Courtemanche v. State

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507 S.W.2d 545 (1974)

George William COURTEMANCHE, Appellant, v. The STATE of Texas, Appellee.

No. 47356.

Court of Criminal Appeals of Texas.

March 27, 1974.

Rehearing Denied April 17, 1974.

Ronald A. Monshaugen, Houston, for appellant.

Carol S. Vance, Dist. Atty., James C. Brough and Mike Schneider, Asst. Dist. Attys., Houston, Jim D. Vollers, State's Atty., and Buddy Stevens, Asst. State's Atty., Austin, for the State.


ODOM, Judge.

Appellant was convicted of a violation of the liquor laws (Art. 667-19B(g), Vernon's Ann.P.C.), and was assessed a fine of one hundred dollars.

Appellant asserts the statute upon which he stands convicted is unconstitutionally vague, and urges reversal. Article 667-19B, supra, in relevant part provides:

"For the purposes contemplated by this Act, conduct by any person at a place of business where the sale of beer at retail is authorized that is lewd, immoral, or offensive to public decency is hereby declared to include but not be limited to the following prohibited acts; and it *546 shall be unlawful for any person engaged in the sale of beer at retail, or any agent, servant, or employee of said person, to engage in or to permit such conduct on the premises of the Retailer: * * * * * * "(g) Permitting entertainment, performances, shows, or acts that are lewd or vulgar."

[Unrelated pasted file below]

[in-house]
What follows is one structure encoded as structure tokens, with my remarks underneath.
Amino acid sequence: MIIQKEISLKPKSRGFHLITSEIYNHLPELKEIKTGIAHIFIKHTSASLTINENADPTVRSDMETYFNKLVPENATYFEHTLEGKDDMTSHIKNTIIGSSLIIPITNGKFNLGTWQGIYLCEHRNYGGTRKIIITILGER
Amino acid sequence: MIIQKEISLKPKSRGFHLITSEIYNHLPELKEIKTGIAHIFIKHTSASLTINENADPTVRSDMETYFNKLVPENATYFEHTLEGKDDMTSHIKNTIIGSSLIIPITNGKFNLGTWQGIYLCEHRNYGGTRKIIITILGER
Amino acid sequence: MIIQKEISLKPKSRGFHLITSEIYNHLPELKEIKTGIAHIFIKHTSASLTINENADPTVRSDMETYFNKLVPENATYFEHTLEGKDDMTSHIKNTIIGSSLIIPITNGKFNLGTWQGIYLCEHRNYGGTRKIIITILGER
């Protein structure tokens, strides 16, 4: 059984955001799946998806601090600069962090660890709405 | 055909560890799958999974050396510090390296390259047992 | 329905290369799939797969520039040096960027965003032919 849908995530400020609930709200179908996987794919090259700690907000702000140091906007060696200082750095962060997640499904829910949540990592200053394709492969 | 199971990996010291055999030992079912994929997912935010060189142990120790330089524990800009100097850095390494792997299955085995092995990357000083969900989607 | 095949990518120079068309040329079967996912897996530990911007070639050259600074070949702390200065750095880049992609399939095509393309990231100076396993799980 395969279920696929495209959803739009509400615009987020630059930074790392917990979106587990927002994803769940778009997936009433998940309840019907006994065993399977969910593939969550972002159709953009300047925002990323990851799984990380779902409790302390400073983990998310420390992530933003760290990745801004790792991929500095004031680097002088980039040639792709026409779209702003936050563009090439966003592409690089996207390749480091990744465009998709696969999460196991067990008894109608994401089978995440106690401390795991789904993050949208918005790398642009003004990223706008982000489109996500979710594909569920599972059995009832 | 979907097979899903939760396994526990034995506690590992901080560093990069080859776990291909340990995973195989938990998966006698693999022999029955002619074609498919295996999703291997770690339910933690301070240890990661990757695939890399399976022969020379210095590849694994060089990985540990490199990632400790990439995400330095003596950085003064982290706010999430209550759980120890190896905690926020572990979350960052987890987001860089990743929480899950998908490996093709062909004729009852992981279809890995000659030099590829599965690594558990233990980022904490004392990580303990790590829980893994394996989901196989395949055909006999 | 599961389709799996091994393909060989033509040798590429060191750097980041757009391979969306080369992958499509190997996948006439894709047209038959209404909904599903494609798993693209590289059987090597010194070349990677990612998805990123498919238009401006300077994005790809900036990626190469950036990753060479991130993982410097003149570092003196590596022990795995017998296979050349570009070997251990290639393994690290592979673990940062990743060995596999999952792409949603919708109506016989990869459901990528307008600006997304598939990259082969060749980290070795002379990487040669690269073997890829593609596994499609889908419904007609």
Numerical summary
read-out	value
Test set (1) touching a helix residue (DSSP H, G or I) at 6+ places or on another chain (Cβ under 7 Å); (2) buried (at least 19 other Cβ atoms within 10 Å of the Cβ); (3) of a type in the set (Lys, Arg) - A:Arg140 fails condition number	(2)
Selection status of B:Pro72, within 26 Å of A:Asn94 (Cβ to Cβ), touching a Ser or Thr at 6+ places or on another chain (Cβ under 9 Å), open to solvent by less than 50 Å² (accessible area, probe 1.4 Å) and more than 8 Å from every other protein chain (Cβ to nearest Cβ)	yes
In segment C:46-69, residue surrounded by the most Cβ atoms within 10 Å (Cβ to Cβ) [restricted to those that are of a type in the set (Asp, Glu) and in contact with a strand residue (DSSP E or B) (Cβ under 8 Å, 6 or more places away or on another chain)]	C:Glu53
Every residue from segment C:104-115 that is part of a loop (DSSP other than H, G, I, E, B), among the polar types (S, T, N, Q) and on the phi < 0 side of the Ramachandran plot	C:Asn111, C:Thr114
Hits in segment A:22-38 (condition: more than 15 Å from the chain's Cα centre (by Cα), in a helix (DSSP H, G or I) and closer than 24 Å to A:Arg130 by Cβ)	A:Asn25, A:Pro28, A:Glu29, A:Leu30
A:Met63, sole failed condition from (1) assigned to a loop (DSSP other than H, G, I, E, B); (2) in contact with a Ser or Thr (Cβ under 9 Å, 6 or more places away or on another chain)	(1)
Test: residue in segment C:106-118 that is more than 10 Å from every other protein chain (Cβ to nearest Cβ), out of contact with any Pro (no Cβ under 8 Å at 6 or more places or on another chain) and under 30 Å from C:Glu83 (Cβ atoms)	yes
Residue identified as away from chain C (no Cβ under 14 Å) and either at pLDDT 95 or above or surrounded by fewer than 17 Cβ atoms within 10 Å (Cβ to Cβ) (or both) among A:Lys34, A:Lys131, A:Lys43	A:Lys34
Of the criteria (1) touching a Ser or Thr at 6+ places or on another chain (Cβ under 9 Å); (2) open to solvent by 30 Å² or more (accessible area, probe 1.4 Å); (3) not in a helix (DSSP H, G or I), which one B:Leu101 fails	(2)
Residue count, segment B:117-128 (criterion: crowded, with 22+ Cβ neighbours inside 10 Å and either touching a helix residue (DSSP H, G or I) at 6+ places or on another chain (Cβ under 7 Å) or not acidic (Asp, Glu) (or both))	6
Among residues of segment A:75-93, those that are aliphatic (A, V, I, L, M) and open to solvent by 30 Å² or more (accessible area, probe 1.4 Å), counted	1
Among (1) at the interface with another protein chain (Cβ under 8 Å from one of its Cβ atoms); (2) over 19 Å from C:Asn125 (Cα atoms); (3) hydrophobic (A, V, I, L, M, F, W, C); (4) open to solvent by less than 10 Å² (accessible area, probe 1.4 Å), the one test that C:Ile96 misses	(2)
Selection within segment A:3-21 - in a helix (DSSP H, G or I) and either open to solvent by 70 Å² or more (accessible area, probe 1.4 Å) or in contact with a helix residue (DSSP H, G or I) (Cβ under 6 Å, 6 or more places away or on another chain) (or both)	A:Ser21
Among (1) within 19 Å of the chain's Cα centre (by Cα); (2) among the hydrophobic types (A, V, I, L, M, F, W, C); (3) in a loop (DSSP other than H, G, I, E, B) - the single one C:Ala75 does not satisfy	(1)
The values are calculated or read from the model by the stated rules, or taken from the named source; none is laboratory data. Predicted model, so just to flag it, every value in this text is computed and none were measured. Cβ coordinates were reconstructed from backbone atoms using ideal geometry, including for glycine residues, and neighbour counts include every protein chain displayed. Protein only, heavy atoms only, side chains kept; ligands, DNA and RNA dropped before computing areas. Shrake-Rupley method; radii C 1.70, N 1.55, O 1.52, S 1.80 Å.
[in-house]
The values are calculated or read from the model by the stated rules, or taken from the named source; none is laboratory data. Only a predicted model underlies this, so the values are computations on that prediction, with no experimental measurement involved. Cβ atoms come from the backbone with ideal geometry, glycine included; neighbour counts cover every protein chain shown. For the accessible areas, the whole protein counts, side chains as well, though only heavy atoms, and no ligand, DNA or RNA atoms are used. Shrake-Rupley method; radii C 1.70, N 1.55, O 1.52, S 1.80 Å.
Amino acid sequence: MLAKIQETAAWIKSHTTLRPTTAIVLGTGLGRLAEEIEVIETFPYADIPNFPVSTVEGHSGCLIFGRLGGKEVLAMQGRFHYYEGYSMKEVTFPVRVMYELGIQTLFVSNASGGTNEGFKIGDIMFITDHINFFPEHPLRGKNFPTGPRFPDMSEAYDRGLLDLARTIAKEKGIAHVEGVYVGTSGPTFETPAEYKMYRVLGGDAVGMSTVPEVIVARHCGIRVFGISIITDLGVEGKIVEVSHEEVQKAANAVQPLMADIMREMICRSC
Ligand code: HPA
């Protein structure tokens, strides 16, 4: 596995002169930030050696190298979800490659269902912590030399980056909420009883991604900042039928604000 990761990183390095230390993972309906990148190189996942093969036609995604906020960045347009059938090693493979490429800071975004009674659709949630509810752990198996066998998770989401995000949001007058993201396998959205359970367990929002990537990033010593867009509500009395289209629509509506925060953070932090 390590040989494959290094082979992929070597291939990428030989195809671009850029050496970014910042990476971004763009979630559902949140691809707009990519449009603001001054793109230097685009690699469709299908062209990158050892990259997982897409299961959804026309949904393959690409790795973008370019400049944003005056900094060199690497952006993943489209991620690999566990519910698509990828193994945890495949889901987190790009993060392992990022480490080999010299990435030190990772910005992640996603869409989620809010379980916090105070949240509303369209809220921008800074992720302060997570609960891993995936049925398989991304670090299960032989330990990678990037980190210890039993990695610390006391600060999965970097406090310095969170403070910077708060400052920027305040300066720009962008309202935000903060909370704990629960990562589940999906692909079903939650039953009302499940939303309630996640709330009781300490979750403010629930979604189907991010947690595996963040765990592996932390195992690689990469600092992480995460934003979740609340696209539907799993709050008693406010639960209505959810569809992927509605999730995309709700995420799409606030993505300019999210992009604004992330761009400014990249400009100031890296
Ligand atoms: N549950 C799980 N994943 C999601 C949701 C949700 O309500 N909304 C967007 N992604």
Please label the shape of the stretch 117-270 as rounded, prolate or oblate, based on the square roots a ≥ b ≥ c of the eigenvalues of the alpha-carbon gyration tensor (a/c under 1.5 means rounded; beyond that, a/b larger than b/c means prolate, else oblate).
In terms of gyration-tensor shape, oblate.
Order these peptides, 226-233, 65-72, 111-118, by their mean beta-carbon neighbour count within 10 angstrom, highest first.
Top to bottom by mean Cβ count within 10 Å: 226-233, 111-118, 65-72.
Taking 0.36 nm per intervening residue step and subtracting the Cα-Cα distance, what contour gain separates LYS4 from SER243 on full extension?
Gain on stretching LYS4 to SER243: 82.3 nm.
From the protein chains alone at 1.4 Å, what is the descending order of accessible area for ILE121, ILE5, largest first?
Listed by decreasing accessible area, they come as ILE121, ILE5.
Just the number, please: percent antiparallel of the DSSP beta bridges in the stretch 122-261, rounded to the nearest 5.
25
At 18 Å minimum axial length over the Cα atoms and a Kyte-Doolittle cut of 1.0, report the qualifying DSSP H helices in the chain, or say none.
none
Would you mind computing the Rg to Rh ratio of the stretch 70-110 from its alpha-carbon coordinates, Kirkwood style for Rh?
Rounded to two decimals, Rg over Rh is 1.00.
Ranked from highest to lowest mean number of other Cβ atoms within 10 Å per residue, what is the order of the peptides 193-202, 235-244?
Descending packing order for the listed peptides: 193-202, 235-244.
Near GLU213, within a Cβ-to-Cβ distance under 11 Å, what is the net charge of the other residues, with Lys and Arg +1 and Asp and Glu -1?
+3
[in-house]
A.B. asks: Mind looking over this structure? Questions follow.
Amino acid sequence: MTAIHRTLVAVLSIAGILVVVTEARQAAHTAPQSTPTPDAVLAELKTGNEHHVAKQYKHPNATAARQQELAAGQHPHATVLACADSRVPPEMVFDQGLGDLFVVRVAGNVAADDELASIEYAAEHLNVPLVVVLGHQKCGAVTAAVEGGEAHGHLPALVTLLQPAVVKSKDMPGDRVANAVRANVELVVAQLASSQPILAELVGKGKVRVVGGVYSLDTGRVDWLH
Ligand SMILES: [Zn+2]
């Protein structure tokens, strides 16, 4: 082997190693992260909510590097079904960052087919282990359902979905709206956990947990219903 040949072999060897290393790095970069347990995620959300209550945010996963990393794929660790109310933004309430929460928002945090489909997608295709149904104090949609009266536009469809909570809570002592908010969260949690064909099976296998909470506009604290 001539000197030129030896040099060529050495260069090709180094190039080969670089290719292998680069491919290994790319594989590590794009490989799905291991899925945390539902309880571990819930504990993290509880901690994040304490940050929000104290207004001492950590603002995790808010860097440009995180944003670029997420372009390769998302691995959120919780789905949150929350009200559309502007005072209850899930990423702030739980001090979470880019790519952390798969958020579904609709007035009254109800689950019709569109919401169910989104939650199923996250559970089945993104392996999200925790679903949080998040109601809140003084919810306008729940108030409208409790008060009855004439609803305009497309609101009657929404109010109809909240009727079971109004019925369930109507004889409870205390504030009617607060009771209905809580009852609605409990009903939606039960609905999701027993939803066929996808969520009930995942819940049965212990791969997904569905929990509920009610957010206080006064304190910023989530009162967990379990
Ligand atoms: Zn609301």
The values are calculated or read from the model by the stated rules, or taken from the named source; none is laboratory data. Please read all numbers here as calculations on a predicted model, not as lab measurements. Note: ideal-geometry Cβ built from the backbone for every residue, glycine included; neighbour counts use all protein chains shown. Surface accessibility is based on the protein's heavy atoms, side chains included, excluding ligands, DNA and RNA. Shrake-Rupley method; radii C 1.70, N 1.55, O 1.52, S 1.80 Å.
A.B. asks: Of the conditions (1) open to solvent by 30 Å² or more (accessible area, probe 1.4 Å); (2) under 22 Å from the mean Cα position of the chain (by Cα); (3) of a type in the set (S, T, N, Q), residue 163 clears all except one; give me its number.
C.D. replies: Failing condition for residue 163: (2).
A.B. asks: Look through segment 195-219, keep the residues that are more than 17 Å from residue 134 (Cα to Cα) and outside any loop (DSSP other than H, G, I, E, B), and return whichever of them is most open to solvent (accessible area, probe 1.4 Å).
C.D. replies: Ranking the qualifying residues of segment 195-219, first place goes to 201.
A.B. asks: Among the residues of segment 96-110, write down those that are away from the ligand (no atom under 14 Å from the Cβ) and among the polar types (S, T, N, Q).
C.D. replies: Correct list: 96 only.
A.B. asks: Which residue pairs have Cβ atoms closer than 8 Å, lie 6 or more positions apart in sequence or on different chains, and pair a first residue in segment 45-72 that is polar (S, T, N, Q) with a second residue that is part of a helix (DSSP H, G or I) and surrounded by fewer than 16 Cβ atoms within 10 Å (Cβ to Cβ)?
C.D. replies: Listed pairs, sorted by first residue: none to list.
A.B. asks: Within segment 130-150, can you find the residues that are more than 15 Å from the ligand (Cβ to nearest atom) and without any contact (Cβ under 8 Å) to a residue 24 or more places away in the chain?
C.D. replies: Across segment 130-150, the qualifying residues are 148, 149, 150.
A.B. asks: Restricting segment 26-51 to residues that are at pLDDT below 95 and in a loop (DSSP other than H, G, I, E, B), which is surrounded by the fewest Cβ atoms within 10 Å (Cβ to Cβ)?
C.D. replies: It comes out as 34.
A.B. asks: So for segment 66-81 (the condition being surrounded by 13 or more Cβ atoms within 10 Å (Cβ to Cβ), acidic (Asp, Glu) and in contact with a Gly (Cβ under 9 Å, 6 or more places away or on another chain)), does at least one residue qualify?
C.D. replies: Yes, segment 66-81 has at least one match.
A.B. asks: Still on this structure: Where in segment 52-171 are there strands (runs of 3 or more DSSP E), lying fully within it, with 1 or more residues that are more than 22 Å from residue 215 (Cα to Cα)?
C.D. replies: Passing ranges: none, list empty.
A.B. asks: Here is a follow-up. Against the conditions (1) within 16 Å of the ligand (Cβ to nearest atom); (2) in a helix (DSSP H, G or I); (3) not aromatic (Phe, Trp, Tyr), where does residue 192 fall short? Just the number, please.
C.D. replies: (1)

In Irven v. State, 138 Tex.Cr.R. 368, 136 S.W.2d 608 (1940), this court considered the predecessor to the provision here under challenge in an appeal from a conviction:

"... upon a charge denounced by section 19, subdivision (e) of Article 667 of the Penal Code, authorizing the cancellation of the license by the Texas Liquor Control Board when it is found that one has: `Permitted at his place of business any conduct by any person whatsoever that is lewd, immoral, or offensive to public decency'."